Origin of a Classic: Boston Cream Pie

In the uncertainty of its origin story, we find the dessert’s beauty: bakers unbound by strict definition are all the more free to experiment. Boston cream pie can be the familiar favorite of the Fannie Farmer cookbook, a home cook’s birthday cake lit with candles and served with love. It can serve the same purpose for the convenience cook, made from a mix like the version my husband—who talks like the people in movies about Boston talk—grew up with as one Irish-Catholic child of a mother who cleaned with a bang and cooked with a whimper. It lends itself well to other forms, becoming a doughnut or a cupcake (but never an éclair, because an éclair basically already is an elongated Boston cream pie).

In the right hands, it can become something elevated, elegant. We see this at the Omni Parker House, where Boston cream pie is still served today, and is something of an industry (you can mail order it). It comes as a personal-size sponge cake, a demure cylinder layered with the requisite pastry cream that is rolled in almonds and crowned with chocolate and white fondant in a floral design. At Boston’s well-known Flour bakery, chef Joanne Chang offers a slice that features two layers of delicate genoise dampened with coffee syrup. She left the recipe out of her first cookbook, and the outcry was so strong that she had to write a second book in order to include it.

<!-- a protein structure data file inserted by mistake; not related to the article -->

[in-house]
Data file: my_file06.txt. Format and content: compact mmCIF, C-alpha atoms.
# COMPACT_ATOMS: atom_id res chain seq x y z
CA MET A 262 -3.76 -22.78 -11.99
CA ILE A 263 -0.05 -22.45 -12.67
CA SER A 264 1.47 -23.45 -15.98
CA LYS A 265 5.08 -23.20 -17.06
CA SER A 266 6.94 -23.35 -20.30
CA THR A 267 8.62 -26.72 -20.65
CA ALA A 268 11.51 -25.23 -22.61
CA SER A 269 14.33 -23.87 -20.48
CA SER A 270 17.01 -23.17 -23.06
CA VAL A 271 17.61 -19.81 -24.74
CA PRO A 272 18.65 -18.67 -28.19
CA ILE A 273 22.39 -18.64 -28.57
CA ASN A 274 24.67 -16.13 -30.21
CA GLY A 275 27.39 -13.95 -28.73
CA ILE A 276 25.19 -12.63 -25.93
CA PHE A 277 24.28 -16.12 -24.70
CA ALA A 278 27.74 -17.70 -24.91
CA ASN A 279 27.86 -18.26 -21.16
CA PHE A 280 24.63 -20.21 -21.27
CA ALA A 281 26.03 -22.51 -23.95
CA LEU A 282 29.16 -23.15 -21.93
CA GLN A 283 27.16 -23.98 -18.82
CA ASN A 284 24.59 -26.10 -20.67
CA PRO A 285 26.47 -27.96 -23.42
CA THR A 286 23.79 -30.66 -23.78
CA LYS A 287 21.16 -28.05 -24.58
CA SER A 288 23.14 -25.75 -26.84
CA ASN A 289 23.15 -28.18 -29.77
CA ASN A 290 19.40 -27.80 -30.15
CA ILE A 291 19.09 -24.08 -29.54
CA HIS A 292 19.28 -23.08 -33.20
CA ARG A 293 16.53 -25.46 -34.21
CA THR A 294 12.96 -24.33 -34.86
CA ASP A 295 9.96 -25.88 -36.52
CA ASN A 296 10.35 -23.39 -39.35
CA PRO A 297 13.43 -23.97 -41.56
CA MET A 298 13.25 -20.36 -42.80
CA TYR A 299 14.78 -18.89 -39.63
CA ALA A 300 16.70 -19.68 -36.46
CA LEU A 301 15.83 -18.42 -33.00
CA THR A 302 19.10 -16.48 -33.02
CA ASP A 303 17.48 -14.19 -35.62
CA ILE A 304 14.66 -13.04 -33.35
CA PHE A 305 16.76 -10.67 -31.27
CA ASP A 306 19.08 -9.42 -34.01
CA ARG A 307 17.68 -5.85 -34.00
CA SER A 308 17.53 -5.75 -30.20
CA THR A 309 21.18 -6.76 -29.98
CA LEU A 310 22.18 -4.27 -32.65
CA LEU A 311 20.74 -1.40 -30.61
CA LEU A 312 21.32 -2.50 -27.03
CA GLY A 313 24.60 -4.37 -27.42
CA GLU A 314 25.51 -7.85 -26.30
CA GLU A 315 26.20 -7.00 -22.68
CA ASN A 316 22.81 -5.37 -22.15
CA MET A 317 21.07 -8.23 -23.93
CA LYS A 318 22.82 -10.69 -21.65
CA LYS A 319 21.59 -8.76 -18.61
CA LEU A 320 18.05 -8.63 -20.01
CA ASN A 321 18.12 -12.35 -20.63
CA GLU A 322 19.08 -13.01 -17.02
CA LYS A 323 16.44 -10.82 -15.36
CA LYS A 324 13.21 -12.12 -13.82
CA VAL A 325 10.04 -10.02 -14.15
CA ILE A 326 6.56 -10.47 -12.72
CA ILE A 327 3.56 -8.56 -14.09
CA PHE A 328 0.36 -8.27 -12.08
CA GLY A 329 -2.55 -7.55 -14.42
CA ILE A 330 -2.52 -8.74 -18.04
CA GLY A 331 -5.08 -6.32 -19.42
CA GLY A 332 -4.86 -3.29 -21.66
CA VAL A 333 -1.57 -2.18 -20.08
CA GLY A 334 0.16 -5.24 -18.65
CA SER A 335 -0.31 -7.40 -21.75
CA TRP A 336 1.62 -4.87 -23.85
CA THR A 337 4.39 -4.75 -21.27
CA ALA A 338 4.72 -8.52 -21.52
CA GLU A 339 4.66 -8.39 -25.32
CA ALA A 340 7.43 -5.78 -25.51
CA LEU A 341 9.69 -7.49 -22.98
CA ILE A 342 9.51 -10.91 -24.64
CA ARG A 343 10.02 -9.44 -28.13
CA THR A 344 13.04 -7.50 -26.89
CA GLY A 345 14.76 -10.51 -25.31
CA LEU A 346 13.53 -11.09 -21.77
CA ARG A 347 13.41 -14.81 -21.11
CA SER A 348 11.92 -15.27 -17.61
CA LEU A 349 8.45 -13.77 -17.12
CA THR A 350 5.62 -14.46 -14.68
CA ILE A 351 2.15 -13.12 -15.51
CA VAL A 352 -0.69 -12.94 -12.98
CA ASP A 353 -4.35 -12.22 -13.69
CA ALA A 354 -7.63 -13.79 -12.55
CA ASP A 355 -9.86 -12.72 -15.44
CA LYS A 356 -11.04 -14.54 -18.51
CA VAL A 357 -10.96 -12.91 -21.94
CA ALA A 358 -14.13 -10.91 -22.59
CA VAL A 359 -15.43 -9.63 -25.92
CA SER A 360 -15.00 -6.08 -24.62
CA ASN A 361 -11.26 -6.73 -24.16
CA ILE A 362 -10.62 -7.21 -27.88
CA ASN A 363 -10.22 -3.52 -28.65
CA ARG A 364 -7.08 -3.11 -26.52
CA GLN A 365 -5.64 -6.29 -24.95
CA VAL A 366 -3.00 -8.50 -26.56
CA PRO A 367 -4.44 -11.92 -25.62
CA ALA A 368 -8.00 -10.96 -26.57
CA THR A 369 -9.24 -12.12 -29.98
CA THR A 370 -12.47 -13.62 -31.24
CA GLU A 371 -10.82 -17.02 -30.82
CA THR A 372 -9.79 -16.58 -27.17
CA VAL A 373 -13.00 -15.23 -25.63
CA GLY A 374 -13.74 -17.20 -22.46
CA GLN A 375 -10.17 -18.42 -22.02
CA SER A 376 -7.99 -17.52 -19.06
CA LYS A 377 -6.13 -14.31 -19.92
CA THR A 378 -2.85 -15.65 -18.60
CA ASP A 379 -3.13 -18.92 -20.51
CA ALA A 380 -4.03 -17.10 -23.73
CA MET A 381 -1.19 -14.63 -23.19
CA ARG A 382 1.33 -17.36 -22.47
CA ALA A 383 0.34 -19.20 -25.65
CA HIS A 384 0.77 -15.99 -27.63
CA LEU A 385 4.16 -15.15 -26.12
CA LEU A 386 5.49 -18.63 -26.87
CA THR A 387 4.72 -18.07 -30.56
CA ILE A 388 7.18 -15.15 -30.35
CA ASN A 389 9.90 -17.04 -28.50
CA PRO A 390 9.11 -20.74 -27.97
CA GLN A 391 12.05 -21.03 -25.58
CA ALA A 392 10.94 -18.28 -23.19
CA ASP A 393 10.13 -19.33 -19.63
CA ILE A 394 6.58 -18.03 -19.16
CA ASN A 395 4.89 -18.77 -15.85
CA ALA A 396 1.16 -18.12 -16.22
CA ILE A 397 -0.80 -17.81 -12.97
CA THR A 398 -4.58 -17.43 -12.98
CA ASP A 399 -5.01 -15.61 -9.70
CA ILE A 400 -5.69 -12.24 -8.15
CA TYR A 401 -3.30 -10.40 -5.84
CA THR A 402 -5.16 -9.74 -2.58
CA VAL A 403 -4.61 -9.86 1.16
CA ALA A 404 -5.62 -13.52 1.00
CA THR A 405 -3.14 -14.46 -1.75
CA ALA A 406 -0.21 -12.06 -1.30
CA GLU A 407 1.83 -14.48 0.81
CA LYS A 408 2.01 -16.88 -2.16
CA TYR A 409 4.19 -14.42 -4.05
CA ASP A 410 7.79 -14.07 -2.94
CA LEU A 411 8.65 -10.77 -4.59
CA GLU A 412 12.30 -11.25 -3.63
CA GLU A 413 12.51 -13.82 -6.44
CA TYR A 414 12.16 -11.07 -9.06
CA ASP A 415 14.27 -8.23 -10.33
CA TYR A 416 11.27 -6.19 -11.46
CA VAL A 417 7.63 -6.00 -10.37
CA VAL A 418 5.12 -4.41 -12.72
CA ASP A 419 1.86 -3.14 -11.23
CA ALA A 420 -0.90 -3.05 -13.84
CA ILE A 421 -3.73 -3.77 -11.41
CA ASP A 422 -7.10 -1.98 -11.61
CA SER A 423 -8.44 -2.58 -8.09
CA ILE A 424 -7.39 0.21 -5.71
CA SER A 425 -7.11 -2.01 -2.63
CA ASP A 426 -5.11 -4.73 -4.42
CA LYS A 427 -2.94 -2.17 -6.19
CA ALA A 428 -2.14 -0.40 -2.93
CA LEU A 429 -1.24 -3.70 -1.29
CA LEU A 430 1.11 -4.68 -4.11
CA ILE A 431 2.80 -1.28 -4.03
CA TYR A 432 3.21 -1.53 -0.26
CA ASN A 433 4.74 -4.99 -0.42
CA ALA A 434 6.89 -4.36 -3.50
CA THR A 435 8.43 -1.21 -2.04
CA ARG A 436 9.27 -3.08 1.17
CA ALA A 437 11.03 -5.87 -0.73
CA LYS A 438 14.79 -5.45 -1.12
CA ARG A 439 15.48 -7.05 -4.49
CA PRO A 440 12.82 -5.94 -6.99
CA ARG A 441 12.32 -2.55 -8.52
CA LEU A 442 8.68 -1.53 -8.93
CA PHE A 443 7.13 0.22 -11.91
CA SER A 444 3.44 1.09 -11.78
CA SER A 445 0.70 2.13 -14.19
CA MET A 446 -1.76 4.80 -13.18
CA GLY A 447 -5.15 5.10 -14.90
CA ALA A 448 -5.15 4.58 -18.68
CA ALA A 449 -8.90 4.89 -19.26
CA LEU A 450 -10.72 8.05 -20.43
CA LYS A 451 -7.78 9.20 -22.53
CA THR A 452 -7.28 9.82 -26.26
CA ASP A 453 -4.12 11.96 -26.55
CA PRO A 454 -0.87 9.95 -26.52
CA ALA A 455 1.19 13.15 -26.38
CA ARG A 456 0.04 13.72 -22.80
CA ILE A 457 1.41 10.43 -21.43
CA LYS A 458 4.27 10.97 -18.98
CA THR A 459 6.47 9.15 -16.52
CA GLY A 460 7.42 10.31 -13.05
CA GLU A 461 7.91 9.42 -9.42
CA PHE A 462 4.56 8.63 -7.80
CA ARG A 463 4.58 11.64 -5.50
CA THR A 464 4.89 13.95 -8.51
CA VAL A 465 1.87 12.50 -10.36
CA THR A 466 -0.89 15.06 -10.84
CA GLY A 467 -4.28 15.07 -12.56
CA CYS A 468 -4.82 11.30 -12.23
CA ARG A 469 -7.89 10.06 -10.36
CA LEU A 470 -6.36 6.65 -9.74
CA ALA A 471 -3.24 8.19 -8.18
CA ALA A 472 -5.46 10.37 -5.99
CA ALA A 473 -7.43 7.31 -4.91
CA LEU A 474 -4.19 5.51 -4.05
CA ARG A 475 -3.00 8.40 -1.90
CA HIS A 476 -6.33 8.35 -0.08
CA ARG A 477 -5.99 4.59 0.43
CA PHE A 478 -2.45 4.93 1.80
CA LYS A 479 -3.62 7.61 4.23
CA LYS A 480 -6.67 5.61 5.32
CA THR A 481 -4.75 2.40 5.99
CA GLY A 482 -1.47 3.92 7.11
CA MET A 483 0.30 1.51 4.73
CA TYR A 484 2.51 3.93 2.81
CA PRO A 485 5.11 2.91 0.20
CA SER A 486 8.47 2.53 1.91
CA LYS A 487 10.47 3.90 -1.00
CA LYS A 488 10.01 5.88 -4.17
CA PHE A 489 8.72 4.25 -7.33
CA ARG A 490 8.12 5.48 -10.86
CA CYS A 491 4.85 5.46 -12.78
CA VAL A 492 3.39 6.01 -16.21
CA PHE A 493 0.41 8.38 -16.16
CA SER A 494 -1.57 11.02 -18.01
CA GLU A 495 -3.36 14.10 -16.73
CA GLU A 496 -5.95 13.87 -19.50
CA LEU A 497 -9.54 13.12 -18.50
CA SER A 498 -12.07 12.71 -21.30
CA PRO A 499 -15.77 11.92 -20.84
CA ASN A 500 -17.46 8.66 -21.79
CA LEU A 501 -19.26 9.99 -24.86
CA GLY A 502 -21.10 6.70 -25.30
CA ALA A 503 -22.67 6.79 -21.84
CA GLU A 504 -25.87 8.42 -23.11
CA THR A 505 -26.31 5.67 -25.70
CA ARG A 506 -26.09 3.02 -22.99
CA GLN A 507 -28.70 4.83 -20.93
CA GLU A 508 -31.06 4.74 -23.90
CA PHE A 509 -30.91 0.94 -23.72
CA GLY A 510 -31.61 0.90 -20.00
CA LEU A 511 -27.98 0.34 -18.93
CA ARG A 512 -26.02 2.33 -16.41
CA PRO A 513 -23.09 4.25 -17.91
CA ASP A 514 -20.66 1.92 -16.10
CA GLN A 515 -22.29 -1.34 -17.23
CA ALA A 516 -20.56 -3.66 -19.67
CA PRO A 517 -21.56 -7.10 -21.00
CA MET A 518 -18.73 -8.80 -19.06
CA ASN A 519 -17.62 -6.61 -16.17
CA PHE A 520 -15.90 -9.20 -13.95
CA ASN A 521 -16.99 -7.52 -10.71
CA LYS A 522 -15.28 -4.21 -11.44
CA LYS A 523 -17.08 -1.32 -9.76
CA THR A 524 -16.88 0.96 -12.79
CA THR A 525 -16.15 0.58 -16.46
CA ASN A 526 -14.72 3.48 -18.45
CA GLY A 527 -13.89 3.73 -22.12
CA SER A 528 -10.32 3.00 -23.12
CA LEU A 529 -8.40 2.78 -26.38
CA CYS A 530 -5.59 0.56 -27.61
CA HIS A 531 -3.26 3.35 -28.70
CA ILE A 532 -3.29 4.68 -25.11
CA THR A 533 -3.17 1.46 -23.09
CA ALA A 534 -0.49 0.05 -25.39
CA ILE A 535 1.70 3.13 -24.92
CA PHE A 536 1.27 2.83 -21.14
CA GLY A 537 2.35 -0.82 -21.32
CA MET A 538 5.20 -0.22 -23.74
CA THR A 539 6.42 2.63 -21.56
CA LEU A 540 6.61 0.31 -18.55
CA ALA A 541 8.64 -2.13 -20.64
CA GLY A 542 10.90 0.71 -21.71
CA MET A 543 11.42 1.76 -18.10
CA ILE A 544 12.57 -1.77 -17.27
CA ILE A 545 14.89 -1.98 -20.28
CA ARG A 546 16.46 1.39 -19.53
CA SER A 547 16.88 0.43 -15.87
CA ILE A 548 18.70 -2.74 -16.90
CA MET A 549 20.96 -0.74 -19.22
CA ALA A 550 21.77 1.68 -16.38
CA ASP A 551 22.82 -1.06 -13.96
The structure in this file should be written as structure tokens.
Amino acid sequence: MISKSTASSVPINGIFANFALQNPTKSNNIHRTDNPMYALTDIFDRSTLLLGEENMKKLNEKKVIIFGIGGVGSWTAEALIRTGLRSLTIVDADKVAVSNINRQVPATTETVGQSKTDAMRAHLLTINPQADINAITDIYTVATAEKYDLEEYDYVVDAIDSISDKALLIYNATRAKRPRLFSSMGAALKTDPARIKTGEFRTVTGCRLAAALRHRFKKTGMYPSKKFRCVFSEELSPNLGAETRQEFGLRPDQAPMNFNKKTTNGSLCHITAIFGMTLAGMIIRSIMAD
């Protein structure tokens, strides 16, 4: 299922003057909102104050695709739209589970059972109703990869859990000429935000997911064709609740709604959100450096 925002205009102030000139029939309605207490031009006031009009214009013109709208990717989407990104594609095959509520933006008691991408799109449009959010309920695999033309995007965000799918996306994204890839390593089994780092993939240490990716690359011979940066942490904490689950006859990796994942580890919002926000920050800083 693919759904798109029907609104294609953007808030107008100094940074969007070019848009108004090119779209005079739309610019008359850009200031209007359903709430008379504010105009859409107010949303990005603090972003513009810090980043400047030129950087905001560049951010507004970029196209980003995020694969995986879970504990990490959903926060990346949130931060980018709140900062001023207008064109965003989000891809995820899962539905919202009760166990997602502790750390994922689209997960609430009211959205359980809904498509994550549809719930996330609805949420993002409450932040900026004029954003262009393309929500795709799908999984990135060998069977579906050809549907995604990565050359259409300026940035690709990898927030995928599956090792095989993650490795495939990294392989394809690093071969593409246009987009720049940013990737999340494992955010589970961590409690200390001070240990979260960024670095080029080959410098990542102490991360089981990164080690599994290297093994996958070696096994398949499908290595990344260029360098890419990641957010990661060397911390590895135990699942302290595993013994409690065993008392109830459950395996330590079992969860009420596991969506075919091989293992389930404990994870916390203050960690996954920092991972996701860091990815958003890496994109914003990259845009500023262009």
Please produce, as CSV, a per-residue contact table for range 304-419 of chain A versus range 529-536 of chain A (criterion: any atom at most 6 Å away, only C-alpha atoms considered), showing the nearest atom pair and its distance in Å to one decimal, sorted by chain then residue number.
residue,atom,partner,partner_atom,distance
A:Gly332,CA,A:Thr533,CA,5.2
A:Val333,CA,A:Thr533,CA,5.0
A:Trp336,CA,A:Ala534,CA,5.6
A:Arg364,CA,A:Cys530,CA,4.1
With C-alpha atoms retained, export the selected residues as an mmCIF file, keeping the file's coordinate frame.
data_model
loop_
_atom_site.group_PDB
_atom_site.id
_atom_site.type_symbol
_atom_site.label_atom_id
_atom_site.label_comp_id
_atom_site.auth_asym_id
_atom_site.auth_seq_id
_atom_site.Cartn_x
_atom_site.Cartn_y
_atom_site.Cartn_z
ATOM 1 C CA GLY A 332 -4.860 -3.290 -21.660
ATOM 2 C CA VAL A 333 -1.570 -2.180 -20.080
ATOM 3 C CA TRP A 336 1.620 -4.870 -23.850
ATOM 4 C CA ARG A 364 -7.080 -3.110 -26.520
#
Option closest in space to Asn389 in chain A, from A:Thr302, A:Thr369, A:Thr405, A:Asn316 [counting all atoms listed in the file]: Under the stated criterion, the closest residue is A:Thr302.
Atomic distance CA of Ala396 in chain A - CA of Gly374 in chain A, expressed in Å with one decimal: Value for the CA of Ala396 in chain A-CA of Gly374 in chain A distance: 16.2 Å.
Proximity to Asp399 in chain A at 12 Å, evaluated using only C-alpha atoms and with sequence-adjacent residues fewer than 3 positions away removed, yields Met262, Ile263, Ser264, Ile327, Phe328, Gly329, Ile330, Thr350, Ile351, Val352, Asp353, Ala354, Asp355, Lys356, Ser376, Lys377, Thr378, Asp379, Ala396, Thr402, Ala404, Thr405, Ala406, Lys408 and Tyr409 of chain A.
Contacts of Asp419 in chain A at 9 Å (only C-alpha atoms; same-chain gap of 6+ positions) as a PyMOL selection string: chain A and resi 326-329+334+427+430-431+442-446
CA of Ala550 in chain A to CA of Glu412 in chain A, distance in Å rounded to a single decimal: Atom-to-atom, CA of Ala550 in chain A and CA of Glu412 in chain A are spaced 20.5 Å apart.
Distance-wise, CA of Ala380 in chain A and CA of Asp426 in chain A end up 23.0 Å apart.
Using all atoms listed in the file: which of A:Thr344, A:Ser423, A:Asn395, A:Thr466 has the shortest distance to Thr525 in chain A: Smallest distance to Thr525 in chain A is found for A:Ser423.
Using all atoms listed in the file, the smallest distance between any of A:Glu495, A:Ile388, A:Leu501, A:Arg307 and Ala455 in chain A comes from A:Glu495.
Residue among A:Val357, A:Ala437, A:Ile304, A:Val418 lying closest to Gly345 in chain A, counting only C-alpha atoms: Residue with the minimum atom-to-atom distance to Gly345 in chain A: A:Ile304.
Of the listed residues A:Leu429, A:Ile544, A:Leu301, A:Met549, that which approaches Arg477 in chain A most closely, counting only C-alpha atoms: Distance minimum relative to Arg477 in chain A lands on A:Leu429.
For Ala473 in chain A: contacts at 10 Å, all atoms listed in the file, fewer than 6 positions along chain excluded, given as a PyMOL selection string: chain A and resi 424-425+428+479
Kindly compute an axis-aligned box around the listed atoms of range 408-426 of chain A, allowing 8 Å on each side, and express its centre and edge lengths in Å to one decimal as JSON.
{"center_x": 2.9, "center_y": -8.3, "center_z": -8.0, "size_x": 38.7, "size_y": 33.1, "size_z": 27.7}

In 1996, Boston cream pie was declared the official state dessert of Massachusetts. But the truth is, as with baked beans, you don’t actually run across it that often. If you want to know the real taste of Boston, head to Dunkin’ Donuts and order a coffee, regular. It would go perfectly with a slice of pie-that-is-really-cake, but you’ll have to settle for a Boston Kreme doughnut. 

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